We had the good fortune of connecting with Rosie Moss and we’ve shared our conversation below.
Hi Rosie, how do you think about risk?
Taking risks is an enormous part of the career I’ve chosen. In addition to a lack of financial security, there’s the big one: that all the time, effort, money, and passion that I’ve poured into this very difficult profession will not turn into the success I envision for myself. Choosing a life of auditioning and gig work also means you may miss family gatherings, weddings and vacations, because suddenly you get busy right when you’ve made other plans. And everyday, I have to walk into new spaces, confidently introduce myself, and be open enough to let the work I’ve done flow out. Acting in itself can feel as risky as jumping out of a plane – which I’ve done! Preparing and rehearsing are essential, but the true magic comes from trusting in yourself and the work you’ve done, to let all that go. The goal is to live in each moment as if it’s the first time you’ve heard these words and react. It’s human to think, “what if I mess up? What if I forget what happens next?!” But the trick is, in a conscious sense, to forget what happens next, in order to be fully in the moment you are in. That process of letting go can feel very risky!
Alright, so let’s move onto what keeps you busy professionally?
I’ve found that pursuing a career in the arts means a lifetime of learning and being open to change. I keep myself busy by saying “yes.” I challenge myself to develop new skills and work on my craft. Most of the time you will not book the jobs you go out for, but every audition, every class, is movement in the right direction. And you never know when one of those experiences will pay off. I had a casting director, who I had met several years earlier at another appointment, talk about what a great impression I had initially left. I like to think about it like planting. Seeds don’t magically become trees. They need sunlight and water and special attention. A career takes time to develop. Some seasons are harsh; some are fruitful. I’ve found that patience and fortitude are keys to success.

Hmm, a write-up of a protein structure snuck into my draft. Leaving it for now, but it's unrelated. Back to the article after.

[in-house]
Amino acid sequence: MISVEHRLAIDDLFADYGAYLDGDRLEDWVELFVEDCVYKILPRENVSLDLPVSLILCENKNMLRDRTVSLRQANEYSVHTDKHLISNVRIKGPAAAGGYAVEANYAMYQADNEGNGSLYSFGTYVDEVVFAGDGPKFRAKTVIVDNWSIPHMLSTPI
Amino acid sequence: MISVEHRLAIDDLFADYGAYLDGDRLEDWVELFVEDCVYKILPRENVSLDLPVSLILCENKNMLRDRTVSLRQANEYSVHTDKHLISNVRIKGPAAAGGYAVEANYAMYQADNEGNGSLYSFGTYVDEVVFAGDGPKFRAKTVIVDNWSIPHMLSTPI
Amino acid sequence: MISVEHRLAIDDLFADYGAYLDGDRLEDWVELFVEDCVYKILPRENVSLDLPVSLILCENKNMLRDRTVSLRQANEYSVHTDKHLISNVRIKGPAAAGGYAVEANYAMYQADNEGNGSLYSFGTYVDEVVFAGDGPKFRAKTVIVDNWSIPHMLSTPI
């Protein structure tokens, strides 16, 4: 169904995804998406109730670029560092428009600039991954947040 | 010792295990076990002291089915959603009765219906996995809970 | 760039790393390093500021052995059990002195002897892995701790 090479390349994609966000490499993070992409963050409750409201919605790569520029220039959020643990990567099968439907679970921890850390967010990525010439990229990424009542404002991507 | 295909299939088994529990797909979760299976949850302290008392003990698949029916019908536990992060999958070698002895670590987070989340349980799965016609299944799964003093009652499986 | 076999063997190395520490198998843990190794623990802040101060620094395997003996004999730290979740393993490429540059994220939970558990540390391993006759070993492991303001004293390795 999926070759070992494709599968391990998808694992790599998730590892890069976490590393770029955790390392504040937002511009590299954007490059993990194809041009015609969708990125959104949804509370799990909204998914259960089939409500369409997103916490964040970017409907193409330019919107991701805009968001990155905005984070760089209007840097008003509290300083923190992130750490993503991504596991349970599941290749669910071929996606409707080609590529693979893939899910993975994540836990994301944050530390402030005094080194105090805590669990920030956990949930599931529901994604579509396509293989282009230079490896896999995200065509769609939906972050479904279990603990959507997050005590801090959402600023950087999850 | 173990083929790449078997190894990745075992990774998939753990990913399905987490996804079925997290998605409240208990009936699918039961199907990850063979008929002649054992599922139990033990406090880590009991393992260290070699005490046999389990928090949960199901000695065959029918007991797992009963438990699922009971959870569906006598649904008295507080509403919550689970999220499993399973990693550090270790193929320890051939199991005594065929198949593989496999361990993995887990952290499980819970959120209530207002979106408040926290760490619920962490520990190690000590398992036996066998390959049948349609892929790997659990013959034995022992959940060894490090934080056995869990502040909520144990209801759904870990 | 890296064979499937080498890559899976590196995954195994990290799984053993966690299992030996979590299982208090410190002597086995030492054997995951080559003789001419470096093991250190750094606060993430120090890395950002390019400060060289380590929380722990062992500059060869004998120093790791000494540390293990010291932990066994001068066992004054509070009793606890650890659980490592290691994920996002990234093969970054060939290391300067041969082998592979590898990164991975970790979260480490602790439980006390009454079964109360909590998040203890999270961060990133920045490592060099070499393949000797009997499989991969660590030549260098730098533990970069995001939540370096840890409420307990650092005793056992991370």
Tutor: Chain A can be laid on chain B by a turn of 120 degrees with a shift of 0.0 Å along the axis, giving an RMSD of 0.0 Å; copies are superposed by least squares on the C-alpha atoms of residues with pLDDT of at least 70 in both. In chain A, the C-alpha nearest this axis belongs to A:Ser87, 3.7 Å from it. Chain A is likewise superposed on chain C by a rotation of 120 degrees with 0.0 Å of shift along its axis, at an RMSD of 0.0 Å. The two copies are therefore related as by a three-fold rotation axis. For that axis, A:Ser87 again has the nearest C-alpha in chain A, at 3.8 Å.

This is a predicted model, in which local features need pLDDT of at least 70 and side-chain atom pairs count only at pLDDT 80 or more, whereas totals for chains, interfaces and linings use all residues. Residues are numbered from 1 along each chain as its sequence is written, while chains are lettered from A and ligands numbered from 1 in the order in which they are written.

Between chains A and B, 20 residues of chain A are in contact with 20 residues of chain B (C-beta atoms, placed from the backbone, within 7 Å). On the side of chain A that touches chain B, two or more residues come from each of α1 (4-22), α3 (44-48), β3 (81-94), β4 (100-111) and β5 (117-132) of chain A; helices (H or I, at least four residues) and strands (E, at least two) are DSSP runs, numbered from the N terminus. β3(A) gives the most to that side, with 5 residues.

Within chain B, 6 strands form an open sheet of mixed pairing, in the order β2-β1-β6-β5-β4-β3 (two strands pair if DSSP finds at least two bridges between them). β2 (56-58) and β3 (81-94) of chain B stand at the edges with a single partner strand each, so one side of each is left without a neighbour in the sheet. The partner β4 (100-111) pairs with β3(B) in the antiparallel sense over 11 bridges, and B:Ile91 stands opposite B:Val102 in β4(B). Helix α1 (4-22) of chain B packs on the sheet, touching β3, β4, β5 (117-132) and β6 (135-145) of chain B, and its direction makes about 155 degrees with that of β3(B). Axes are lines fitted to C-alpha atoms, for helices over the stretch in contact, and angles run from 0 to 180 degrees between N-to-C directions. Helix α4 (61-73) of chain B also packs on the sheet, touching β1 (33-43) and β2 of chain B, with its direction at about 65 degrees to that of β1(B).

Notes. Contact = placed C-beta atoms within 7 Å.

Most recently I shot the lead role for a horror film called “Blood Born.” The cast and crew were awesome. I could shout-out everyone but I’ll start with Antoine Perry, who played my husband, Reed Shusterman, our writer/ director, and our producers: Cindi Rice, Dana Guerin, John Frank Rosenblum and Adria Baratta. While we’re in this “stay-at-home” situation, I hope they will release it soon so we can all watch! Some other highlights include, starring in a mini series called “The Rookie” for the Lifetime Network, shooting an episode of “The Conners” with Laurie Metcalf, and acting in a short I wrote and produced called “Enchanted, LLC.”
Any places to eat or things to do that you can share with our readers? If they have a friend visiting town, what are some spots they could take them to?
I’d suggest spending a lot of time outside! I love hiking Temescal Canyon, Griffith Park and Angeles National Forest. Take them to yoga at Roam and HIIT classes at Training Mate. Enjoy some vegan food at Cafe Gratitude or Gracias Madre. I’m also a big fan of the Huntington Botanical Gardens and the Norton Simon Museum. And for some jazz and a fancy martini, I’d recommend Vibrato.
Shoutout is all about shouting out others who you feel deserve additional recognition and exposure. Who would you like to shoutout?
In a roundabout way, learning to play touch football with ZogSports taught me a tremendous amount about my acting work! In addition to being fun, a good workout, and a great way to meet friends, I was able to connect the challenges presented in the sport with the creative work I was doing daily. I could write a whole article about the connection between the two!
Nicole Murphy, David Muller, Jon Gordon, Jan Burns